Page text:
October 15, 2018
Business

Opec will not increase oil supply, calling price surge short-term spike

The Organisation of the Petroleum Exporting Countries (Opec) has said that that it will not rethink its supply strategy even after oil reached $80 (£59) per barrel, labelling it a short-term spike rather than supply shortage.

Brent crude price reached $80 per barrel today, which is the highest point since November 2014, and is a result of geopolitical tension after President Donald Trump's decision to pull the US out of the Iran nuclear deal.

Opec, which is a consortium of oil exporting nations, has this far not filled the supply hole in the market as it believes that the issue is not a lack of supply, but rather a a short-term spike in the market that will eventually blow over.

Read more: Premier Oil ramps up oil production to pay off £2bn debt

Oil and gas research analyst Jack Allardyce at cantor Fitzgerald Europe said: “There is now a firmer consensus around the potential impact of lost Venezuelan/Iranian exports, and as such, we see little to drive benchmarks much higher in the immediate term.”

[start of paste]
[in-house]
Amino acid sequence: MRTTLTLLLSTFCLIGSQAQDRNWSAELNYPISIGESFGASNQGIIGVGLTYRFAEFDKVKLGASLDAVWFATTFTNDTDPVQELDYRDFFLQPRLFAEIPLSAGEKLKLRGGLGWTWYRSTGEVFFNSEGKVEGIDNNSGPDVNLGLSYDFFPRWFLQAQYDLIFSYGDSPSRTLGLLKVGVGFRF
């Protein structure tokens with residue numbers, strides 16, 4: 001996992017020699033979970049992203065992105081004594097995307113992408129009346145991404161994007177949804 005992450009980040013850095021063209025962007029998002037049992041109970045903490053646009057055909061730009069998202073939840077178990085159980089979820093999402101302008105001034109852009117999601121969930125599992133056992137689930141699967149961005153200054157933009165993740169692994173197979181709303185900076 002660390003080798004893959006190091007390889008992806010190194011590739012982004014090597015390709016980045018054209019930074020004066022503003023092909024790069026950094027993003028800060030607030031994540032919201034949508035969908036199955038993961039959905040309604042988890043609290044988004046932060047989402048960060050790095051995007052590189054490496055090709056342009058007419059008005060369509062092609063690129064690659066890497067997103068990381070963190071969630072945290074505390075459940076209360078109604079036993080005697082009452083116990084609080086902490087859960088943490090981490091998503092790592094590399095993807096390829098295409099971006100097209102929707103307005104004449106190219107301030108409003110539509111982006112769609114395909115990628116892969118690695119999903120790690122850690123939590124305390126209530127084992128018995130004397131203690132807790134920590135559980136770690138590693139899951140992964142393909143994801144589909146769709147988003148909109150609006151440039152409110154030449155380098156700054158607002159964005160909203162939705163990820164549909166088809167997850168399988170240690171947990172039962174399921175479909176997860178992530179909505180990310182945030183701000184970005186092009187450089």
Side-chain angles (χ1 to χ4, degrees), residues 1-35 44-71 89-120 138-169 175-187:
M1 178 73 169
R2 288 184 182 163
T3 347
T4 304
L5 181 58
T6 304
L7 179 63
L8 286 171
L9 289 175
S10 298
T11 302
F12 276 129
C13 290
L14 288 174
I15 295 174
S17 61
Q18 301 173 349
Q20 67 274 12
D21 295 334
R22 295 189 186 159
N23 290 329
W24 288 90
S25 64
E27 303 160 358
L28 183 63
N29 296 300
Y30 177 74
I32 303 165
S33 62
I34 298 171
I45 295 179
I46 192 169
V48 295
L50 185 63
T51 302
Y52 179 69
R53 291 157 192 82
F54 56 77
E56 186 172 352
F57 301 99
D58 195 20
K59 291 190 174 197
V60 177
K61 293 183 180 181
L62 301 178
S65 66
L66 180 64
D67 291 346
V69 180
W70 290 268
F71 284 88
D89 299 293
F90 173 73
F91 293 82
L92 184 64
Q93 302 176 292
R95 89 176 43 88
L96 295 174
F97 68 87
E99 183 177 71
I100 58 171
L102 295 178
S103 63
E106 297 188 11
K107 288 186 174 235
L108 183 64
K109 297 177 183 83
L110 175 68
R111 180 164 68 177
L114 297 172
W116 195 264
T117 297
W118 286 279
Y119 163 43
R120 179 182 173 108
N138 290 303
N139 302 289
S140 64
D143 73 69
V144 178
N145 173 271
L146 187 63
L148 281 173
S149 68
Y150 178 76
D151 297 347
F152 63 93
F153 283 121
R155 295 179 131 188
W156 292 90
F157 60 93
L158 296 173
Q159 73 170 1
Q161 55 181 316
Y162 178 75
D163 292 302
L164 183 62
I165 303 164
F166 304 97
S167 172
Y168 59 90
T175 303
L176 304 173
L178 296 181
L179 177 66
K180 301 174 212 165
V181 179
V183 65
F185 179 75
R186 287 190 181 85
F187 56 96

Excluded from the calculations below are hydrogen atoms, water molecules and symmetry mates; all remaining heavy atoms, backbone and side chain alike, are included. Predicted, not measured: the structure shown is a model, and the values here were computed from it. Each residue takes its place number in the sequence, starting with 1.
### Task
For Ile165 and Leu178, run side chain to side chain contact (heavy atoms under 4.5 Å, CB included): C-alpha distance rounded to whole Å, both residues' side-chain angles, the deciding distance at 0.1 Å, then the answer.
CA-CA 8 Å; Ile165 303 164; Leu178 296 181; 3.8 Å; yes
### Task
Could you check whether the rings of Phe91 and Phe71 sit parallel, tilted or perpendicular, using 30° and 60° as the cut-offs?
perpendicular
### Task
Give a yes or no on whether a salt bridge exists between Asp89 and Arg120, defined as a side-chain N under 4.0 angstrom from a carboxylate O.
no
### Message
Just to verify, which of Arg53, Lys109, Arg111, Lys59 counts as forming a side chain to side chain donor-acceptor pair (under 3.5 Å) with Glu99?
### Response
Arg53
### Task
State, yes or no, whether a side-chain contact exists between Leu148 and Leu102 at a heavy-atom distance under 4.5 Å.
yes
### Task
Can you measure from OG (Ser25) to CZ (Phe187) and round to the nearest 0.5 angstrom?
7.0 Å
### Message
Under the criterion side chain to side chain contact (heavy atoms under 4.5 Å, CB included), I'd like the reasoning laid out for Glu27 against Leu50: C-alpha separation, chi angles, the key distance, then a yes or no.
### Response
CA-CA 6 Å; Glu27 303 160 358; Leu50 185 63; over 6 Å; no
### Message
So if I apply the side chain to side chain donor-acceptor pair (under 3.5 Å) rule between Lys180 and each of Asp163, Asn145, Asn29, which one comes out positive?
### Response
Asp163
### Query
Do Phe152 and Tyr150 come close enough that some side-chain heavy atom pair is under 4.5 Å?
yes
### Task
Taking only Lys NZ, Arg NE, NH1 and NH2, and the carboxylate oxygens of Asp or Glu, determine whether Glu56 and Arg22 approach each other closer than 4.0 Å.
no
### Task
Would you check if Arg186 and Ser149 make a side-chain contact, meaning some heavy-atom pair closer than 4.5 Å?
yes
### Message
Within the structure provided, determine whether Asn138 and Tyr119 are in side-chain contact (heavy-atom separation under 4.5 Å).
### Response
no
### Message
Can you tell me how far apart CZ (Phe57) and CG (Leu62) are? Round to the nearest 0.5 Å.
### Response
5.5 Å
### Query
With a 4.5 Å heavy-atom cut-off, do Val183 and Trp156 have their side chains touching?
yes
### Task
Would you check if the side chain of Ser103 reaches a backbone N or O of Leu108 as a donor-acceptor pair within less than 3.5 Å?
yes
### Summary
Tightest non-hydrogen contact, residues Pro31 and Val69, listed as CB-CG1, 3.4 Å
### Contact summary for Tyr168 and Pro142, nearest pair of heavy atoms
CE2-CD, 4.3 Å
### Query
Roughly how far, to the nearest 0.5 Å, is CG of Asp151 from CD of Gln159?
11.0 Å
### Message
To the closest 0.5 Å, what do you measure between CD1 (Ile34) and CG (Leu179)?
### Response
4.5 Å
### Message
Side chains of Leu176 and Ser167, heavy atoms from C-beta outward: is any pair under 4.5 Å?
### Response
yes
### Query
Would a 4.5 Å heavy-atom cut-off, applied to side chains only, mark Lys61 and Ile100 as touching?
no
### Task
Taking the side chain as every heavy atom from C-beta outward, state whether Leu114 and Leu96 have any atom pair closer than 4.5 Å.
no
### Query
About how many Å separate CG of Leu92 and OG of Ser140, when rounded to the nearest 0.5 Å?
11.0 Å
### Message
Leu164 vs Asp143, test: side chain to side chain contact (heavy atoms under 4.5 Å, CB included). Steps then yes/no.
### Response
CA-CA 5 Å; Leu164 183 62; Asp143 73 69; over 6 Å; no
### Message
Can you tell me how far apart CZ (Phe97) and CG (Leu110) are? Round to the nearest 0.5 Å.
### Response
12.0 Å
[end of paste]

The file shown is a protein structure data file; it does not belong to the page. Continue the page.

“While global inventories are approaching long-run averages, there is a building concern over demand growth, partially on account of higher prices. In short, it feels that fundamentals have found a bit of balance, although firmer indications of the impact of renewed sanctions on Iran may well change the picture.”

Iran's oil production has declined and is expected to continue to do so when US sanctions are reimposed and Venezuela's production has also reduced dramatically as the country has not invested enough in its industry.

There is now a concern that because of the decrease in supply and Opec choosing to cut production by 1.8m barrels per day until the end of 2018, the prices could continue to increase to as much as $100 per barrel within the next few years.

Senior market analyst Fiona Cincotta at City Index said that although the increased US production is putting pressure on the oil prices, they are now overshadowed by the lack in production from both Iran and Venezuela.

She said: “Venezuela's problems are unlikely to be resolved anytime soon and could be exasperated if Trump aims sanctions at the troubled country following rigged and unfair elections. Also if the US can get China to loosen energy ties with Iran, then regardless of increased US shale production, the price could close in on $100.”

According to investment bank Morgan Stanley, new international shipping regulations will cause Brent crude to reach $90 by 2020 as shipping vessels will be forced to use lower sulphur fuels triggering the need for more crude.

Read more: Oil prices surge to new high as 2m Iranian barrels go off the market

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